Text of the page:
People have asked why the Lisbon Agenda did not succeed. It was said that low interest rates were the cause of the problem. They were not. There was plenty of scope to introduce credit controls, as is the case now. Interest rates are low now but there is no difficulty with them since recognition dawned. Economic lunacy was what happened. There is nothing better than low interest rates to generate employment and economic growth, but one must put them to the right use. Unfortunately, in this country we decided to spend the money. We were supposed to be the richest country in the world. Does the Acting Chairman, Deputy Mathews, remember that? We might have been the richest country in the world but we put our money into property. One could ask where it is now. The property has devalued so we are no longer the richest country in the world. I appeal to the people in this country, in the interests of the country and of future generations to vote “Yes”.
Deputy Dan Neville: I welcome the opportunity to speak in the debate on the referendum and to say how important it is to our future economic activity and opportunities to ensure that people stay and work in this country and that we have a vibrant, developing, progressive economy. We are one of the 17 members of the eurozone. We are part of a market of 500 million people. That market is vital to trade and future growth. Unfortunately, because of decisions made by the previous Government we are now dependent on international institutions to pay our pensions, salaries to the public service to keep hospitals open and pay for doctors, nurses and other services, education, schools and public services in general.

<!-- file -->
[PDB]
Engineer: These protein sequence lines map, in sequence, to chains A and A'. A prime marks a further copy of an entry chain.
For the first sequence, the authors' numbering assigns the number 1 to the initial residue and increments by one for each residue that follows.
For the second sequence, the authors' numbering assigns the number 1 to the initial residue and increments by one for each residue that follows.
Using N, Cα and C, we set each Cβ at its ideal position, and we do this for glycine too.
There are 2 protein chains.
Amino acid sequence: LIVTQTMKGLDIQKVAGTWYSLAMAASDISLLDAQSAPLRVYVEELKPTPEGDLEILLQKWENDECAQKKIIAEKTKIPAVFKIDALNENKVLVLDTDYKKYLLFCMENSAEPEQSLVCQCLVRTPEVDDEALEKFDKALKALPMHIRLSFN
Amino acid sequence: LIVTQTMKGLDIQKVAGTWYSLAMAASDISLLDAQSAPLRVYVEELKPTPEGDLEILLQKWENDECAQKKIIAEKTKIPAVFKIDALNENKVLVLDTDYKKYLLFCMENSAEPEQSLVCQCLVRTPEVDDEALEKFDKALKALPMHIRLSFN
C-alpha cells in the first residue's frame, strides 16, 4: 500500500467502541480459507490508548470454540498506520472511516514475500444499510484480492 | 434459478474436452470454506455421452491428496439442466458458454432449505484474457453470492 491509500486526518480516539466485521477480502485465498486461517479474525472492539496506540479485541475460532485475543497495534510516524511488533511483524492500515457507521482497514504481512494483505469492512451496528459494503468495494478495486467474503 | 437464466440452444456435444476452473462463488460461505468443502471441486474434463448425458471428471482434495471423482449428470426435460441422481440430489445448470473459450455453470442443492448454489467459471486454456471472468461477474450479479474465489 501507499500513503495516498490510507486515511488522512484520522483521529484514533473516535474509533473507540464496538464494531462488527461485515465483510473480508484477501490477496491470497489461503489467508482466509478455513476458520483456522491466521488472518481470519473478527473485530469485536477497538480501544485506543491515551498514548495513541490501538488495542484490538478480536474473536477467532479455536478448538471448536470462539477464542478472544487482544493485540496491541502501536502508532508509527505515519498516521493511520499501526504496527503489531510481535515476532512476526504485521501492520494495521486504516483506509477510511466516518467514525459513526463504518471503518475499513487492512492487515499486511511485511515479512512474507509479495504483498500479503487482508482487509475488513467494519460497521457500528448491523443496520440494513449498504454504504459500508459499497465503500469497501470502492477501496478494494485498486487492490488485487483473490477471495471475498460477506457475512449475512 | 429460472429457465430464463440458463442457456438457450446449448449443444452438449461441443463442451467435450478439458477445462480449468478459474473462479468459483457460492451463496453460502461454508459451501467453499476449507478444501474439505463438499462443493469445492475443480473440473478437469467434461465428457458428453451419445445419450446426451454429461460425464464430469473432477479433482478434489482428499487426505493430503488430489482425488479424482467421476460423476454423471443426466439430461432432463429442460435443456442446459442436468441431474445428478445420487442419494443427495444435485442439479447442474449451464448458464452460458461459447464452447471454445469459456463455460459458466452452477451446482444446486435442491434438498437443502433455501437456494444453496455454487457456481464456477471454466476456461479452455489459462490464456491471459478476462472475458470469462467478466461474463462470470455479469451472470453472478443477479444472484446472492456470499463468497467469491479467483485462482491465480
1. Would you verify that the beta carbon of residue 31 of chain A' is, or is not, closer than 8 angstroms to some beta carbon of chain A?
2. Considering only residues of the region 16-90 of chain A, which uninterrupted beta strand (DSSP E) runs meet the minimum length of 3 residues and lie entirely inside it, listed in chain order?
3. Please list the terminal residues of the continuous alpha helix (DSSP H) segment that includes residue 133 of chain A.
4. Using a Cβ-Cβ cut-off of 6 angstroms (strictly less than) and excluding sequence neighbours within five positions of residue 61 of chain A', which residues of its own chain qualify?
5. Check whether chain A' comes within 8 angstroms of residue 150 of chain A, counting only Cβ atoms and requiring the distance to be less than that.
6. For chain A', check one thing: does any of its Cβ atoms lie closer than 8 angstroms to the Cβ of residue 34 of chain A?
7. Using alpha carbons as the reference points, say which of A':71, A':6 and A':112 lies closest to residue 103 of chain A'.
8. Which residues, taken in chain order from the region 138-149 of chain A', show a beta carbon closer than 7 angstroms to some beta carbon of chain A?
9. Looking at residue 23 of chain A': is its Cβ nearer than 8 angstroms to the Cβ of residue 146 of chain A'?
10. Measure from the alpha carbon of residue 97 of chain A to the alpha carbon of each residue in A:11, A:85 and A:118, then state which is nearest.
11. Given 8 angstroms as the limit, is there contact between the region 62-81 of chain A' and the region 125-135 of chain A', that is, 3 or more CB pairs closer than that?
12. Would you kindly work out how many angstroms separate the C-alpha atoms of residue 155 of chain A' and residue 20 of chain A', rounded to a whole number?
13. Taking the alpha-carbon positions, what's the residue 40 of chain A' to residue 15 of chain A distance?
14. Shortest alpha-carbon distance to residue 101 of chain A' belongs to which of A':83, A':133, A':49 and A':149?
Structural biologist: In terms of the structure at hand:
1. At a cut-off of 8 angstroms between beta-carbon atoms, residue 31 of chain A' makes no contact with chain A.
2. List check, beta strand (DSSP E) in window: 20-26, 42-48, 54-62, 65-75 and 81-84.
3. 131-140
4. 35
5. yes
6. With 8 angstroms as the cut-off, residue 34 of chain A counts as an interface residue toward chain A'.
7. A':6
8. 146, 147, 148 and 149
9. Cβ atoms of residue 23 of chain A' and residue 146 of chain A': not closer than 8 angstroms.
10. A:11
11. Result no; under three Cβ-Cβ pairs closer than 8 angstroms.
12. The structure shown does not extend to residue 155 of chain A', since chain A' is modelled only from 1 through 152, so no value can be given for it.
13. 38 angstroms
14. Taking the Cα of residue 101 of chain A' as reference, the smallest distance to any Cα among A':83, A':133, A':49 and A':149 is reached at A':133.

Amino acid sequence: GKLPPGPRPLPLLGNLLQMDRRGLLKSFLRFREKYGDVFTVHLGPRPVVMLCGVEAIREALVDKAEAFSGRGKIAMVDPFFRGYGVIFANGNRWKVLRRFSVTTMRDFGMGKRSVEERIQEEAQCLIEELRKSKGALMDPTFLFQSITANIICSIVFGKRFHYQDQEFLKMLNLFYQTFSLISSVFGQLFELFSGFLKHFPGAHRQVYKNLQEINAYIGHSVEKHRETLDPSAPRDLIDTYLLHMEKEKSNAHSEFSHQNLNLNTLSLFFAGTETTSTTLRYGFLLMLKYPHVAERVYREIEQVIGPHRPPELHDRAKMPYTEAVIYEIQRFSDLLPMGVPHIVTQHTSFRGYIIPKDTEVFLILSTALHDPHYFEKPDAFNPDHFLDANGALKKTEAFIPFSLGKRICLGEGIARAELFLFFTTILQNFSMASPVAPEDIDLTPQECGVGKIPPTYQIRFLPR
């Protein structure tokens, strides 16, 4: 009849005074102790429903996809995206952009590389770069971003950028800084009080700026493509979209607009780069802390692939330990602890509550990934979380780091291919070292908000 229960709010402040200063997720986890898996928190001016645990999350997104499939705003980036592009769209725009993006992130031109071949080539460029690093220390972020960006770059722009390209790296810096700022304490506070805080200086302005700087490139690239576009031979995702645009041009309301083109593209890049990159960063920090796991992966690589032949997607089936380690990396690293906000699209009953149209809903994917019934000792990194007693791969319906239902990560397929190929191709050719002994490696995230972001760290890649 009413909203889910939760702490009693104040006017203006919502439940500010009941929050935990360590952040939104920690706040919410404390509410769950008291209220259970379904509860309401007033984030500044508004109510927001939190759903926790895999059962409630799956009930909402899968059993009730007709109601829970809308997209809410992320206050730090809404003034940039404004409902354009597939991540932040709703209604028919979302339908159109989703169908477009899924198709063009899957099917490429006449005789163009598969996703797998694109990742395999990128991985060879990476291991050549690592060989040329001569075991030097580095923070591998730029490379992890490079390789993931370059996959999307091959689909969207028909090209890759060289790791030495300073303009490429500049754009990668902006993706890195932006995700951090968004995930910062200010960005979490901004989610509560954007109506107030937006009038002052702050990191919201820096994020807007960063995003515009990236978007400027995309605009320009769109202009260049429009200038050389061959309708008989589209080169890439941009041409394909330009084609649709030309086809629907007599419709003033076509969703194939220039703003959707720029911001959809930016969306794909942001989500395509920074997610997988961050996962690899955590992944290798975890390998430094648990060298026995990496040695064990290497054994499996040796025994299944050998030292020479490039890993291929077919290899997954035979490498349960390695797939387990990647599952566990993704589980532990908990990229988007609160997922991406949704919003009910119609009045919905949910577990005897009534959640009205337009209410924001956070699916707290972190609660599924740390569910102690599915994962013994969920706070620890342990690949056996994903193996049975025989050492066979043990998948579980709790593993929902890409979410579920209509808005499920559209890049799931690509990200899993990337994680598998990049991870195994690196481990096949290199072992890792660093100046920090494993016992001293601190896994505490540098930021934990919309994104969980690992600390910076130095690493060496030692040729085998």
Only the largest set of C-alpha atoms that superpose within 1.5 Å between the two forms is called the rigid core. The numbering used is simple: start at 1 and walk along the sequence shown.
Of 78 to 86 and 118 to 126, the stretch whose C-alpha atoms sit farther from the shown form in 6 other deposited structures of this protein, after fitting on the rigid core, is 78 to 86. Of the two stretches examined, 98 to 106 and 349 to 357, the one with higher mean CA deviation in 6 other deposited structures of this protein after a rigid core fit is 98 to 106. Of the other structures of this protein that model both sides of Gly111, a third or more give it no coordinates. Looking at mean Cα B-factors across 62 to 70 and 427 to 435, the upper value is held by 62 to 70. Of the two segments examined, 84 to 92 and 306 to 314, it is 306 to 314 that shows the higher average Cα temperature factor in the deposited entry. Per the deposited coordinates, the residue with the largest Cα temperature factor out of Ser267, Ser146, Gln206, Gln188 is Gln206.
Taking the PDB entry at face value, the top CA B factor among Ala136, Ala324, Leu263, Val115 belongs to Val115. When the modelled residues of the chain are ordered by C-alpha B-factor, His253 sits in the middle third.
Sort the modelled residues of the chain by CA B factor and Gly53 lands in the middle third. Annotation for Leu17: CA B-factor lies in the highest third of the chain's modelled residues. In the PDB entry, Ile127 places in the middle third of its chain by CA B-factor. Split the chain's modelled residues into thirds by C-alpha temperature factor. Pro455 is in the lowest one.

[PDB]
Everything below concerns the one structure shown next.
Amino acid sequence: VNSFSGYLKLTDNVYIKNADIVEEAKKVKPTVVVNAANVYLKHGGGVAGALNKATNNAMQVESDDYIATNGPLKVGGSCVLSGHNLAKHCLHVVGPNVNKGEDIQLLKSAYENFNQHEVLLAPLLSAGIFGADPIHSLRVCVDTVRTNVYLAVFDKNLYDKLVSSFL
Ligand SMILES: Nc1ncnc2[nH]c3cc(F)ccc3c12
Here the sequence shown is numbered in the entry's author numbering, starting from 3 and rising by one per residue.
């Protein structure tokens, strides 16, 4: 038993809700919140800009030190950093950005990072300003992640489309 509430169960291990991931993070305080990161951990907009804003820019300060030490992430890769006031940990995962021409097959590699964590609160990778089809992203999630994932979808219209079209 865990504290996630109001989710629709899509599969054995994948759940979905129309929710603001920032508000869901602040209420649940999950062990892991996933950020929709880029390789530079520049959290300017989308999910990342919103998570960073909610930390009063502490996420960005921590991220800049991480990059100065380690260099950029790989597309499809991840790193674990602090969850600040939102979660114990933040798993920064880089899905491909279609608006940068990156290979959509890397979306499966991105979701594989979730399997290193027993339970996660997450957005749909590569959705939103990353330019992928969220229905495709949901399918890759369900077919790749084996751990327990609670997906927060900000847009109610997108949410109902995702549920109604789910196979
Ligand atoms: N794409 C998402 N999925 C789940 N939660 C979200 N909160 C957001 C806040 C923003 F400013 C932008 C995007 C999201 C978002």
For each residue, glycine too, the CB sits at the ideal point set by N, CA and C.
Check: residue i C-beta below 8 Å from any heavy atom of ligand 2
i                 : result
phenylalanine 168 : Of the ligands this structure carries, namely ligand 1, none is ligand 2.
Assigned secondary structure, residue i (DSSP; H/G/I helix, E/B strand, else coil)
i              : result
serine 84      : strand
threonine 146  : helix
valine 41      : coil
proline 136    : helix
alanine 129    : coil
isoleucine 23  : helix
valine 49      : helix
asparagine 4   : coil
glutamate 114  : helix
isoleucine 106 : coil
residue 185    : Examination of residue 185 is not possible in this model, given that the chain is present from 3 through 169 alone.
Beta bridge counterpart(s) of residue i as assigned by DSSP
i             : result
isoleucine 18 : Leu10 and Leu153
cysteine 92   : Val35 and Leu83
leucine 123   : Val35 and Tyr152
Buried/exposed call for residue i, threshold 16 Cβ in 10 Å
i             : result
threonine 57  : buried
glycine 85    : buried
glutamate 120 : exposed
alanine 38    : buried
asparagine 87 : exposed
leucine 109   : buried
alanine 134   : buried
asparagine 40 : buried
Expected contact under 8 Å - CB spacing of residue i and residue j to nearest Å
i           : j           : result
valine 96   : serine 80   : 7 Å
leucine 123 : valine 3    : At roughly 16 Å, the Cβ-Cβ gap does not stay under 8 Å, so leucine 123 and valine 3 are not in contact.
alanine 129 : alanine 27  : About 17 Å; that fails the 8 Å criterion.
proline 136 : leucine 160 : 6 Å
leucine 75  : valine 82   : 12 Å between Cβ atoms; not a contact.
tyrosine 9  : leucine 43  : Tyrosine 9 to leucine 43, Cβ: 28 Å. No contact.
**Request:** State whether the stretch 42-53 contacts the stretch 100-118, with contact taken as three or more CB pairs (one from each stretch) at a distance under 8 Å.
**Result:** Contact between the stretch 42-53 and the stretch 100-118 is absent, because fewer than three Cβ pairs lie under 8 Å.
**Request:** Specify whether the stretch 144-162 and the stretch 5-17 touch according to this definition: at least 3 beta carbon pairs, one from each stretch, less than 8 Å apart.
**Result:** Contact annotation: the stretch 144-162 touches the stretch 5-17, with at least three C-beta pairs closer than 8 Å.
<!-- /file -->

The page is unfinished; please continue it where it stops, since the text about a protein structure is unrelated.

Unfortunately, we have seen living standards drop. They depend on our reputation as a strong and stable place to do business. The treaty will give that message which will attract business and investment to this country. The euro is the currency of the Republic of Ireland. Previously we had the Irish pound or the punt as it was known. It is the money with which we trade and have in our pockets. It is the currency we save, spend and with which we purchase services. The future health of the euro matters personally to each one of us. It is our currency and we want nothing more than is due to people, namely, to live in this country where we can find decent work, have a home, take care of our families, watch our children grow up in the company of their friends, see our children educated and have a livelihood in the country and as the cycle of life continues that in our elderly years we receive proper treatment and have a quality of life we deserve having contributed to the State through our lives.